We displays how they become open again following amazing innovations force a business change in order to survive in the new marketplace.
The Master Switch opens with the birth of the Bell AT&T telephone monopoly. This is a facinating story when held against the garage startups of Apple and Google.
There is an amazing look at how countries and cultures also view information empires differently. The case for Wu is the capitalist, independent market approach to radio vs the UK’s BBC dominated by the royal family.
The Master Switch reveals how four key markets actually hold government infrastructure: telecommunications, banking, energy and transportation. These four and their capitalist owners for generations established control over any citizen’s attempt at challenging their monopolies. The lesson Wu establishes is corporate control by closed technologies. Yet one cannot help but understand they magically protected the country from the devastating affects of revolution leading up to and more importantly the horrific aftermath of World War I that forever removed Paris as the hub for film entertainment.
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Over breakfast this weekend at a popular farmhouse two high school teachers sat next to me to discuss how their respective LMS solutions made teaching difficult. Both were from wealthy suburbs outside Milwaukee. What really peaked my interest was hearing how one spent over 45 minutes trying to add polling for in-class feedback.
I helped lead the adoption of a Moodle LMS at a private Wisconsin college in 2007 that is still in use today and also had the pleasure of attending a conference at UW-Madison with Martin Dougiamas the founder of Moodle.
Yet over that breakfast I was intrigued by their difficulty with all things LMS for the upcoming school year. Frustration ranged from how one teacher received no LMS training (poll example above) while the second teacher spoke about her district migrating to a new LMS vendor over the summer.
Of course no technology discussion can avoid a teacher mentioning K12 servers going offline for hours during the school day making their teaching even more difficult. Seems like teachers have a lot to confront on a daily basis in delivering education to a classroom of twenty plus students. A local LMS run from an empty closet is no longer acceptable.
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It took me four years to locate Why Viet Nam?: Prelude to America’s Albatross by Archimedes Patti. US Army Lieutenant Colonel Patti joined the OSS (CIA) and was assigned to Indo-China in January 1944 six months before D-Day. This is one of those rare books that layout the foundation of America’s role in Vietnam before the end of World War II.
The strong Vietnamese opposition to French and British efforts to re-colonize IndoChina after World War II for natural resources. Sound familiar? Patti provides surprising details regarding the CIA’s established relationship with Ho Chi Minh and the Viet Minh.
This is simply a must read to understand how the CIA, US Army and US State Department established a foundation for IndoChina during World War II.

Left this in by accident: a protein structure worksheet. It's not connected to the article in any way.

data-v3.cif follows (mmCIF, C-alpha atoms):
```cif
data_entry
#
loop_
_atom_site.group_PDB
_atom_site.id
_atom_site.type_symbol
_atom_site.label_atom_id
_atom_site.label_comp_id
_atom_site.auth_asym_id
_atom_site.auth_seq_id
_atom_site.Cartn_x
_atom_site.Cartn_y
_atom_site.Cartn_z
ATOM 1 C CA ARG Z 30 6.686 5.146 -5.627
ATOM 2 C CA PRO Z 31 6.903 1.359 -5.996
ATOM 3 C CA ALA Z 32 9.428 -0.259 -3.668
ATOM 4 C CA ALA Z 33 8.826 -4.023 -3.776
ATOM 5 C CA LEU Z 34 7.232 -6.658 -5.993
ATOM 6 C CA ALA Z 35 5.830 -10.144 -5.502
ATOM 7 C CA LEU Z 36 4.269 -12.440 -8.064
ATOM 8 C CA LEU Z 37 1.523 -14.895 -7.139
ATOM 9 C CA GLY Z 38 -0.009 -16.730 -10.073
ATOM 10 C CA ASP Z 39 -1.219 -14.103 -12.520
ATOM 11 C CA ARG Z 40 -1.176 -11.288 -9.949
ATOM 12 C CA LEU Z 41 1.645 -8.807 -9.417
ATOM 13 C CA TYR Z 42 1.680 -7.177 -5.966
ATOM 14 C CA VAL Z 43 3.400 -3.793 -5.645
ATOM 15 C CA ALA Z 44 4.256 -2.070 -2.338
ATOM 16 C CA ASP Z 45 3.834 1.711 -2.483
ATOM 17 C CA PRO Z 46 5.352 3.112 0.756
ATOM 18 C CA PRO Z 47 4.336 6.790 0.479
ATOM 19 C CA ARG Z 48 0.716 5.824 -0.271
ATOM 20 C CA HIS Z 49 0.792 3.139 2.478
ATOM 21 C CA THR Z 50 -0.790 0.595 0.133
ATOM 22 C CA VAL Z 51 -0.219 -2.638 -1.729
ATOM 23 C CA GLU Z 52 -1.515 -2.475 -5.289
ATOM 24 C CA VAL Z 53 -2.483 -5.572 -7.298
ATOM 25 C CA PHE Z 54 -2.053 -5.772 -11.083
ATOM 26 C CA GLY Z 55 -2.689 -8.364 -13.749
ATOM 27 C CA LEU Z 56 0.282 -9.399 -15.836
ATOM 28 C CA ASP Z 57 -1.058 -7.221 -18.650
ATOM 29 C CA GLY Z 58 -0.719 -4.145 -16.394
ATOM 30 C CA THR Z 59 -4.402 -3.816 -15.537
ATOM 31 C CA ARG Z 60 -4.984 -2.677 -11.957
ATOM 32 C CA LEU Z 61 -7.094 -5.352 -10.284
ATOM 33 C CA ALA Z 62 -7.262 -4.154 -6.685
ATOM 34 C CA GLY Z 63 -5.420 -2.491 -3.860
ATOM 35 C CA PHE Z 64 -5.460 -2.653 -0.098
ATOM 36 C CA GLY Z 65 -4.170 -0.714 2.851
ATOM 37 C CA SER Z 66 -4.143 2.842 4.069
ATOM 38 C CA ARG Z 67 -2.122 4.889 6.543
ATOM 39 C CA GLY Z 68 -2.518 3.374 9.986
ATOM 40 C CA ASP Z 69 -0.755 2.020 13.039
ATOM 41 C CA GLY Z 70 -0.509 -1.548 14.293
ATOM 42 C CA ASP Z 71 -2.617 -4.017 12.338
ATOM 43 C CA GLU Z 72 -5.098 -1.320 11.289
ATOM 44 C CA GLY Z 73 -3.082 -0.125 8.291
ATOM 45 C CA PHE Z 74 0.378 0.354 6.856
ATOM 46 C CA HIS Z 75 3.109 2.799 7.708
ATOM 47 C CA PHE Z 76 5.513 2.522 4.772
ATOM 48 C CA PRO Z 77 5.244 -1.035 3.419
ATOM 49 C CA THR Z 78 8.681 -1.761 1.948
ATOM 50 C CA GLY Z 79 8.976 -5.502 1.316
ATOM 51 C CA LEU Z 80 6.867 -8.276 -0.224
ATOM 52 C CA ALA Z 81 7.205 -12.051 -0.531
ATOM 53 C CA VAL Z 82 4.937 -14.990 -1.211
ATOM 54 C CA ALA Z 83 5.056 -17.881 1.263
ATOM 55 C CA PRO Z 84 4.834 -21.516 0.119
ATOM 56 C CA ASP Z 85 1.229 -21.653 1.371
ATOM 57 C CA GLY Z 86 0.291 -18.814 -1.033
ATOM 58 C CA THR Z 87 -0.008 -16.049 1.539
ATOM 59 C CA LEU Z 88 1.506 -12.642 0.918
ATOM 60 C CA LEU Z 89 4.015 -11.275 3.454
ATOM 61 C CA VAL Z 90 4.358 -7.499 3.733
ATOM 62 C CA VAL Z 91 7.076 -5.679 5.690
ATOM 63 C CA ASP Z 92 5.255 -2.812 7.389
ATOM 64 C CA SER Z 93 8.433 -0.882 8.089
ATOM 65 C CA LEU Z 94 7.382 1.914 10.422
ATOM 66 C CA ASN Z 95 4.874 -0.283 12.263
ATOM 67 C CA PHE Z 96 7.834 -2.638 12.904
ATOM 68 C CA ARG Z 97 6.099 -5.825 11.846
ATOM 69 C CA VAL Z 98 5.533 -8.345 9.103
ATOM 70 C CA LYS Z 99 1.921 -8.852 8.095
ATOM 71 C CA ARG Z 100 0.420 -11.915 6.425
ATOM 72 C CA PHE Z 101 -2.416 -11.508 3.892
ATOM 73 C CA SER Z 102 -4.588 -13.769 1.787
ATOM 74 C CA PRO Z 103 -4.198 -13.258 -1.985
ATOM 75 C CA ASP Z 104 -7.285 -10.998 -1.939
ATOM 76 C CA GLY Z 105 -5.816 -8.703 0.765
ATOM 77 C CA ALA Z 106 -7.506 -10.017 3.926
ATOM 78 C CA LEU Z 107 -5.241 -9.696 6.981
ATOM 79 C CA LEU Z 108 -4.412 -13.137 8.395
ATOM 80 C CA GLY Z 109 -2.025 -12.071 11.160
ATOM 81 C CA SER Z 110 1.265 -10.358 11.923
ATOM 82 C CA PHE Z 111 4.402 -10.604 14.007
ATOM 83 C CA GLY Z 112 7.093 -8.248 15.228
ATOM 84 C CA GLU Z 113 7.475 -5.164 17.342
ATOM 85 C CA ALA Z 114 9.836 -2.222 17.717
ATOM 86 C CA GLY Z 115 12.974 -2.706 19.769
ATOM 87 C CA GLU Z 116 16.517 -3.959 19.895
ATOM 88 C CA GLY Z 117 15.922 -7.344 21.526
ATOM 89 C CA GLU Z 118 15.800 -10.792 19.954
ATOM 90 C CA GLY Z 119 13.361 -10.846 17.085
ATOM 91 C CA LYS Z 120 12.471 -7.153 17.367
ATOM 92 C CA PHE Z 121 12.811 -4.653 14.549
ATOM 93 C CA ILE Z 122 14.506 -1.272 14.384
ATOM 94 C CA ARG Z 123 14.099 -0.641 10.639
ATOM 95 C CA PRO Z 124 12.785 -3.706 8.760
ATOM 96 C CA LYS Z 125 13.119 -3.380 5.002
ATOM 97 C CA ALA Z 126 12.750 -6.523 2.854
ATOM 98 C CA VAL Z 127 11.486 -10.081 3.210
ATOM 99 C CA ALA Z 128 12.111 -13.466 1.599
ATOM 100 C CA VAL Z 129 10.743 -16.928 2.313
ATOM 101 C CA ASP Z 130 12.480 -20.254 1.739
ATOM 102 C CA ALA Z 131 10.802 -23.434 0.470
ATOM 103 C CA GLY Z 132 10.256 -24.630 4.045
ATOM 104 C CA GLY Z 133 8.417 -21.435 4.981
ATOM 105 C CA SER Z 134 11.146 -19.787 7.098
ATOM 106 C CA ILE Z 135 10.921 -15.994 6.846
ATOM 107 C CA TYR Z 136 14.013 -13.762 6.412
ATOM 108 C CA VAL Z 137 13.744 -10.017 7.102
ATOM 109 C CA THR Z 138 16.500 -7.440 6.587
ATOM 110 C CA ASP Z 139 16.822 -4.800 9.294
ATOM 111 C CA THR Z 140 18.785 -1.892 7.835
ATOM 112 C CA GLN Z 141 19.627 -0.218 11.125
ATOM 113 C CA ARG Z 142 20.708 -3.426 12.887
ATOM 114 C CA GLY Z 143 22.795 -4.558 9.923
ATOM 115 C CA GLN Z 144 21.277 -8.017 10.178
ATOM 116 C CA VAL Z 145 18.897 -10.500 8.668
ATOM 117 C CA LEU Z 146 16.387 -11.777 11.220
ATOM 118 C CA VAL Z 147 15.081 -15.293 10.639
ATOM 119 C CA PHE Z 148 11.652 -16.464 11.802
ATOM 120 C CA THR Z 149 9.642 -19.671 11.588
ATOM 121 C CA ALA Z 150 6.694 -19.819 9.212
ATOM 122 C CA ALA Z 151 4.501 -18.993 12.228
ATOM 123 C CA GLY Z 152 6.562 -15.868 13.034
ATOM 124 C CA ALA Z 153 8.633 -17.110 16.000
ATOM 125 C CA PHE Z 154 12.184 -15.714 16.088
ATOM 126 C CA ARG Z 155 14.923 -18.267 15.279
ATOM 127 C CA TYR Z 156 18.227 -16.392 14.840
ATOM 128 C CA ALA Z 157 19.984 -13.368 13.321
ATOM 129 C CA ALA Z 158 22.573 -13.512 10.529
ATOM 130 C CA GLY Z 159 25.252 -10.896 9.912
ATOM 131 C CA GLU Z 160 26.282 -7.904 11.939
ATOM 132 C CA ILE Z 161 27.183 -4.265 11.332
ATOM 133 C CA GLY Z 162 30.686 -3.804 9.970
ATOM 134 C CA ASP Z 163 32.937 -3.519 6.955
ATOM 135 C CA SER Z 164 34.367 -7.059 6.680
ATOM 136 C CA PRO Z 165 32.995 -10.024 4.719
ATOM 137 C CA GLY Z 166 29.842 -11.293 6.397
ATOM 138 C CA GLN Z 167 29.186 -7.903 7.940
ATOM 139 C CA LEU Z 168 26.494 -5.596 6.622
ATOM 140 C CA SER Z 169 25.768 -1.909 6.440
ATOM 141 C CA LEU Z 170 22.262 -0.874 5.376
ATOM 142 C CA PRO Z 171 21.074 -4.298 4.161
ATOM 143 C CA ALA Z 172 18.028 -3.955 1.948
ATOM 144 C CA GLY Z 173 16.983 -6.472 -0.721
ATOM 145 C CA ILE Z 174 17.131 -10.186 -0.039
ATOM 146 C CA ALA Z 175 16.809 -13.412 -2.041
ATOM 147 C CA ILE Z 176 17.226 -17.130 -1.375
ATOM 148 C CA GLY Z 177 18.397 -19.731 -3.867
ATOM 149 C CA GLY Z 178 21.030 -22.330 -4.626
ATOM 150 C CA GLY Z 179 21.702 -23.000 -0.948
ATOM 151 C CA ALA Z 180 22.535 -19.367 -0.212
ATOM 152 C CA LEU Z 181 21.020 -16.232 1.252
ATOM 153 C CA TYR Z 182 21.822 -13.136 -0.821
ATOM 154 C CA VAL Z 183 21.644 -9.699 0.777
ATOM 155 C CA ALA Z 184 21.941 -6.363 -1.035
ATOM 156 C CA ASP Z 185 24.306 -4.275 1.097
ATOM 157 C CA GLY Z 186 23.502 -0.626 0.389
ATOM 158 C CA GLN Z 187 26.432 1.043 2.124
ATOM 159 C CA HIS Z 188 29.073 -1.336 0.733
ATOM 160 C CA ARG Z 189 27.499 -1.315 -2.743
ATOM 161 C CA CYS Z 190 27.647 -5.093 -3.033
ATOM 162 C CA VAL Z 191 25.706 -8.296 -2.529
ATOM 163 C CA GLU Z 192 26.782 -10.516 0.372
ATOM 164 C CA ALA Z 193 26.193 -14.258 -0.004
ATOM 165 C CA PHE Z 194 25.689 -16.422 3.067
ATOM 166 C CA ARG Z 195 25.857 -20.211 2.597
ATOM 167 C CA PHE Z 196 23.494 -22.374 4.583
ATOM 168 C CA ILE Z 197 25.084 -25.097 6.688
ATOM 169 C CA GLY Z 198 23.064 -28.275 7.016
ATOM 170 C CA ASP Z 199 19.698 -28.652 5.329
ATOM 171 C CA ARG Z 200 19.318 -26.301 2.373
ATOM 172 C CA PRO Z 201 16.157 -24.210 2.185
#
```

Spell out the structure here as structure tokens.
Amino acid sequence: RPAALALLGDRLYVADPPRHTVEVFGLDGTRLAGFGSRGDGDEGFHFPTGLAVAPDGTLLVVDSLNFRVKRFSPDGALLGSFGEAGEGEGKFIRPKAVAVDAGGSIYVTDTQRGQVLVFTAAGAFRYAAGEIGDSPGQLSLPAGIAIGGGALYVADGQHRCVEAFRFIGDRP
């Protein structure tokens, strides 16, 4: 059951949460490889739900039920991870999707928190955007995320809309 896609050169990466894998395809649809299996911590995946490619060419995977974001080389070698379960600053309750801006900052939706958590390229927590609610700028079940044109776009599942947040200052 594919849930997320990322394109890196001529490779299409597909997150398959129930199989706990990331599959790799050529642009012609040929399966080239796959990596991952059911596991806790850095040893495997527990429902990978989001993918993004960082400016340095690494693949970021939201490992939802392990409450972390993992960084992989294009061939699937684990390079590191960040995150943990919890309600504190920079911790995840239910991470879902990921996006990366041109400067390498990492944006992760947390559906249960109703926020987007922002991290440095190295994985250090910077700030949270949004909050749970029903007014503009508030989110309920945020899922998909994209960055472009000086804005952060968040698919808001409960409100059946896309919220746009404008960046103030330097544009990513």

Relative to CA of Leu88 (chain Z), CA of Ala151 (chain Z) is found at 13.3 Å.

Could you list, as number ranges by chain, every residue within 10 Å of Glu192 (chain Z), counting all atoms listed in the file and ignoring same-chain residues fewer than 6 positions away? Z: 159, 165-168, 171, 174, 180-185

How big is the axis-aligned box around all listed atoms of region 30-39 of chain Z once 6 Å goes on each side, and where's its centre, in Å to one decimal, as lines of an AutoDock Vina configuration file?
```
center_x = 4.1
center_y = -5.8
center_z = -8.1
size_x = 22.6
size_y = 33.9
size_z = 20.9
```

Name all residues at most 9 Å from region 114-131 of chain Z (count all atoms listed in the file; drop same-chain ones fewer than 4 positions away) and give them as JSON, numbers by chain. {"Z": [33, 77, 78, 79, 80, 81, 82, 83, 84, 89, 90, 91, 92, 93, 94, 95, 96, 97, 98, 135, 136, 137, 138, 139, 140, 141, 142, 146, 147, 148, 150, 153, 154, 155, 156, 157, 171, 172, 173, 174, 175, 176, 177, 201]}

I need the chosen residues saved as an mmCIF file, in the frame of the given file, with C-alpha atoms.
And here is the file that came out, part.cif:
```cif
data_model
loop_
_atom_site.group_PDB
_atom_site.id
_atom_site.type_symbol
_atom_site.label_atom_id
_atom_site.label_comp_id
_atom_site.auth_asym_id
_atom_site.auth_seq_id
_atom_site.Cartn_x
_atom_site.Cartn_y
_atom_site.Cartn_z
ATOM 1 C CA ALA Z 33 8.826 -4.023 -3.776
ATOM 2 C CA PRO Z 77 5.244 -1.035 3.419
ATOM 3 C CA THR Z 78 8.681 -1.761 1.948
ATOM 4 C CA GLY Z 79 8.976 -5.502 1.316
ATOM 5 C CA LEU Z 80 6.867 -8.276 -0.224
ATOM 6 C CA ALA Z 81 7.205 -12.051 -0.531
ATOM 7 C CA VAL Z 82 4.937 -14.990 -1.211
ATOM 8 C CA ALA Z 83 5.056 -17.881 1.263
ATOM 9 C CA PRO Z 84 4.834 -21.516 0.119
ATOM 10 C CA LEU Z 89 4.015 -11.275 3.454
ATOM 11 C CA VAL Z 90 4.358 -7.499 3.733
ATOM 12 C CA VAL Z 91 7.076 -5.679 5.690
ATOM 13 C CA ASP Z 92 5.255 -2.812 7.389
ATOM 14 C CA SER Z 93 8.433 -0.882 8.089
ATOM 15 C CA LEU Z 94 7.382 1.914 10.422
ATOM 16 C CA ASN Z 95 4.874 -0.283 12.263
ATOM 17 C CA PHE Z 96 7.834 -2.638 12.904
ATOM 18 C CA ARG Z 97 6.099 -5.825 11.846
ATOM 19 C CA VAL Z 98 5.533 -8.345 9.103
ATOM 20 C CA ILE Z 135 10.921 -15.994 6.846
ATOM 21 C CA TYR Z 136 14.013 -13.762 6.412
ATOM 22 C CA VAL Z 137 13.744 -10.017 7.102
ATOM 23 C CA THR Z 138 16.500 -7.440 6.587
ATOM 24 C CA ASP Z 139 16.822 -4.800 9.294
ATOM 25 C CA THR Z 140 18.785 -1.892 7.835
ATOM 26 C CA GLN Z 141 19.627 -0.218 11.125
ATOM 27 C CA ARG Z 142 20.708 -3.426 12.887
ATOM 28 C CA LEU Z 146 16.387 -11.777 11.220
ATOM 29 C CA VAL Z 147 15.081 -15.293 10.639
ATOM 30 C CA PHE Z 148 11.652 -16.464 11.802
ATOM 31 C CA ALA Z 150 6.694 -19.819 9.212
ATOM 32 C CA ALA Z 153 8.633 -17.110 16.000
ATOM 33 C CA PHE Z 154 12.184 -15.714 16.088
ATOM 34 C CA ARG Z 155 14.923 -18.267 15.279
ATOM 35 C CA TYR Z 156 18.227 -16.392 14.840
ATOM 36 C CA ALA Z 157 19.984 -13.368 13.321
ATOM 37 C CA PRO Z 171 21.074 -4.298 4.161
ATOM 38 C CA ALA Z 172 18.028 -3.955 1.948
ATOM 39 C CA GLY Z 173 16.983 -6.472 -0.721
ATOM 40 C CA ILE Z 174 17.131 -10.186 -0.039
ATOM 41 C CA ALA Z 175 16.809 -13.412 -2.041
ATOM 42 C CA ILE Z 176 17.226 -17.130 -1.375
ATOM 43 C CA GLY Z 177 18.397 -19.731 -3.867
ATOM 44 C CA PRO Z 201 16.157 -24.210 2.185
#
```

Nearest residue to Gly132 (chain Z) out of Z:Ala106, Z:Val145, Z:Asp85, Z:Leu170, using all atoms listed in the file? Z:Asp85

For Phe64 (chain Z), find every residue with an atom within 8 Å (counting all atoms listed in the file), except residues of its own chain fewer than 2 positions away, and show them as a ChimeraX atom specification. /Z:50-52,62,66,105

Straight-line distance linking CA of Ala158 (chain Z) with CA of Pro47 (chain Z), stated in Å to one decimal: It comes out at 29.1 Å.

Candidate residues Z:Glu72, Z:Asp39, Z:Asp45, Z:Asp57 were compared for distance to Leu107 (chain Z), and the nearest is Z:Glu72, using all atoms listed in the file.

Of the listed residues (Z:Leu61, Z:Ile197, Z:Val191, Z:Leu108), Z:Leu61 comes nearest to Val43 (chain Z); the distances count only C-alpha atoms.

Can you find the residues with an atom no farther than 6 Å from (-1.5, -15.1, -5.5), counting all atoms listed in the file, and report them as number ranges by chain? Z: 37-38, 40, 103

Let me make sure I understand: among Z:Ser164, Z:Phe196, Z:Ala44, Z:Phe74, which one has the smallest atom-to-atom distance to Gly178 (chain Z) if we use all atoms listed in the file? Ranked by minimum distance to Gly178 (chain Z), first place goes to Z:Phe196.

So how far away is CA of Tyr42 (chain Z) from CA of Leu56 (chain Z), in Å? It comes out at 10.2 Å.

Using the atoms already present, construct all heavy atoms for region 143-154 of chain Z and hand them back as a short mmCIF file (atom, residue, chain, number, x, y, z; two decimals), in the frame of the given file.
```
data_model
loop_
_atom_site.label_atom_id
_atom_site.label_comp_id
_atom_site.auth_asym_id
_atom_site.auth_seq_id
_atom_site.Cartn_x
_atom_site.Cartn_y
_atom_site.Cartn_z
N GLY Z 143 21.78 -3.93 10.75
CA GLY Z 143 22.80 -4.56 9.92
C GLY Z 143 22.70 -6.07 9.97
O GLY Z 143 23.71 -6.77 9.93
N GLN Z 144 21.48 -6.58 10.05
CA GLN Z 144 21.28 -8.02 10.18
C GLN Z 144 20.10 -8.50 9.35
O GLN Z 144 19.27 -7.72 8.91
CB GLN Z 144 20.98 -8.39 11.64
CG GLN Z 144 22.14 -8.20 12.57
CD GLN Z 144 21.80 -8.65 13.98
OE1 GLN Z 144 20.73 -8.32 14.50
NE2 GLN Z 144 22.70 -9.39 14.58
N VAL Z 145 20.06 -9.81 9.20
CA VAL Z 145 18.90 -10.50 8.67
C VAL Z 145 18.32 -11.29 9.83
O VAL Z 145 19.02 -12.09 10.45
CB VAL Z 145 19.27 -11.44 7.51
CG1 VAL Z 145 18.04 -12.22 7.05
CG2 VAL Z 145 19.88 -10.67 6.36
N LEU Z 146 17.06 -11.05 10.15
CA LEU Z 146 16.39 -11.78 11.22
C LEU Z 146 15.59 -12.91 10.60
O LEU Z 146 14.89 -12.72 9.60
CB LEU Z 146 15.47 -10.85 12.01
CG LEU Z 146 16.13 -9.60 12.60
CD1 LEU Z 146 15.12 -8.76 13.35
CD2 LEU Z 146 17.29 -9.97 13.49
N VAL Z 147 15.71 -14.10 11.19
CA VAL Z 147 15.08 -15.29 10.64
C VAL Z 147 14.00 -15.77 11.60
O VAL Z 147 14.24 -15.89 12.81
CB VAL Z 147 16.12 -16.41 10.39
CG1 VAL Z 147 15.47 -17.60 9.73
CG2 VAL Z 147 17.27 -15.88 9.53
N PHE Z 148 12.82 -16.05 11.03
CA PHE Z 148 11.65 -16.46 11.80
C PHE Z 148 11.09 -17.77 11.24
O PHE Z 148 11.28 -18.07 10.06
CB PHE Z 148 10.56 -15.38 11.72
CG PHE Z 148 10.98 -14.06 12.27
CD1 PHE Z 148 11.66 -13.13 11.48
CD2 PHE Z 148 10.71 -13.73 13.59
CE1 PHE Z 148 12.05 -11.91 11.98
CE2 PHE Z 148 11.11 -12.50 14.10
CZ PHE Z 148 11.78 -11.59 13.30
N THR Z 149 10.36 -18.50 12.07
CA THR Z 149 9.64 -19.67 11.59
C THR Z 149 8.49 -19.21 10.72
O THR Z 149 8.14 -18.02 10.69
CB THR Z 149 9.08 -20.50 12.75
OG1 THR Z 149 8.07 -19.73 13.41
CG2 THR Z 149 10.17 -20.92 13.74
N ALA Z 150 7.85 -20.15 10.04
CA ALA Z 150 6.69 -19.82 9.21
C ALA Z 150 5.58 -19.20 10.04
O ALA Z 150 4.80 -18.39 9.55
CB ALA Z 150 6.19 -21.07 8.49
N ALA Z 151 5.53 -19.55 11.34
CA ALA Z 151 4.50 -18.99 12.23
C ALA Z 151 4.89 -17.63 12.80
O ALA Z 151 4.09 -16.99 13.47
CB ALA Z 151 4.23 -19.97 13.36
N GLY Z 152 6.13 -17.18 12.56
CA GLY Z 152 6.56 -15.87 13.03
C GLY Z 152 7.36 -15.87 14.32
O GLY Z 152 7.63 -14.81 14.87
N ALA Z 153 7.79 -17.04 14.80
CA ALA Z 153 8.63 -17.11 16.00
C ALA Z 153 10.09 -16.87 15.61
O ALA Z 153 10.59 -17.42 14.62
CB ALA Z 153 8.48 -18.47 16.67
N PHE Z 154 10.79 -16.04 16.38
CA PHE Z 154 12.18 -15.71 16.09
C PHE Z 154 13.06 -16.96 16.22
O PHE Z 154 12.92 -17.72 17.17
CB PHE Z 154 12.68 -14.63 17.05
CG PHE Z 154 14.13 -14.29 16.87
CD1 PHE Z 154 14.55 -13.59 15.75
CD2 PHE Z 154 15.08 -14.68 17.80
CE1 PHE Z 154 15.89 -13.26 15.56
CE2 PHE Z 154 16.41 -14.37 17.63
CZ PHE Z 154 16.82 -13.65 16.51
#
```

Yet for all of Ho’s efforts Patti reveals from D-Day to the dropping of the atomic bomb that old white European leaders alone determined the future of IndoChina with a second run of colonial exploitation of Vietnamese, Thai and Cambodian peoples.
Patti was able to document the original developing political structures in Asia by the middle of World War II. Patti began meeting with Ho Chi Minh and Vo Nguyen Giap. He writes how both developed an independant and nationalist view of Vietnam’s future vs continued European and Chinese colonialism.
Make no mistake Dean Acheson established the “creation of an American world order” while Patti was the CIA officer on the ground. The CIA and State Department’s initial records on Ho Chi Minh were established in a cable written on December 31 1942 as the CIA was seeking French relations with Texaco in IndoChina.
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Death of a Generation: How the Assassinations of Diem and JFK Prolonged the Vietnam War by Howard Jones is a compelling well written topic that focuses on the critical years of the Kennedy Administration and the evolving US war in Vietnam. Jones has painstakingly researched how Diem was a key part of the increase of Vietcong success in and around Saigon from 1960.
The first half of the book details the repeated frustration all political and military leaders had with Diem only to see in 1961 the transfer of power to his brother Nhu.
Jones brings the opening eight chapters into focus on Diem’s inability to reform the political and social process in the south, locking his family into full control of the country’s wealth. The role of the US ambassadors were to move the Diem family towards democracy. We never succeeded.
At the same time the coming crisis is revealed with behind the scenes accounts of the multiple clashes within the Kennedy Administration. This contributed to Kennedy’s lack of trust with the Joint Chiefs of Staff following their Bay of Pigs fiasco. Jones has done well to bring the European and Cuban conflicts into the scope of how the US was approaching Vietnam, and ultimately China and the Soviet Union.
The Battle of Ap Bac in 1963 proved to be a perfect sign of how bad the South would fight in their first major battle. John Paul Vann‘s role in Ap Bac is now legendary. Coupled with the June Buddhist crisis and the worldwide attention to the self-immolation of Quang Duc which forever turned the south against Diem and his family. It was the fallout of this event that the Kennedy administration began exploring how to engineer a coup de tat.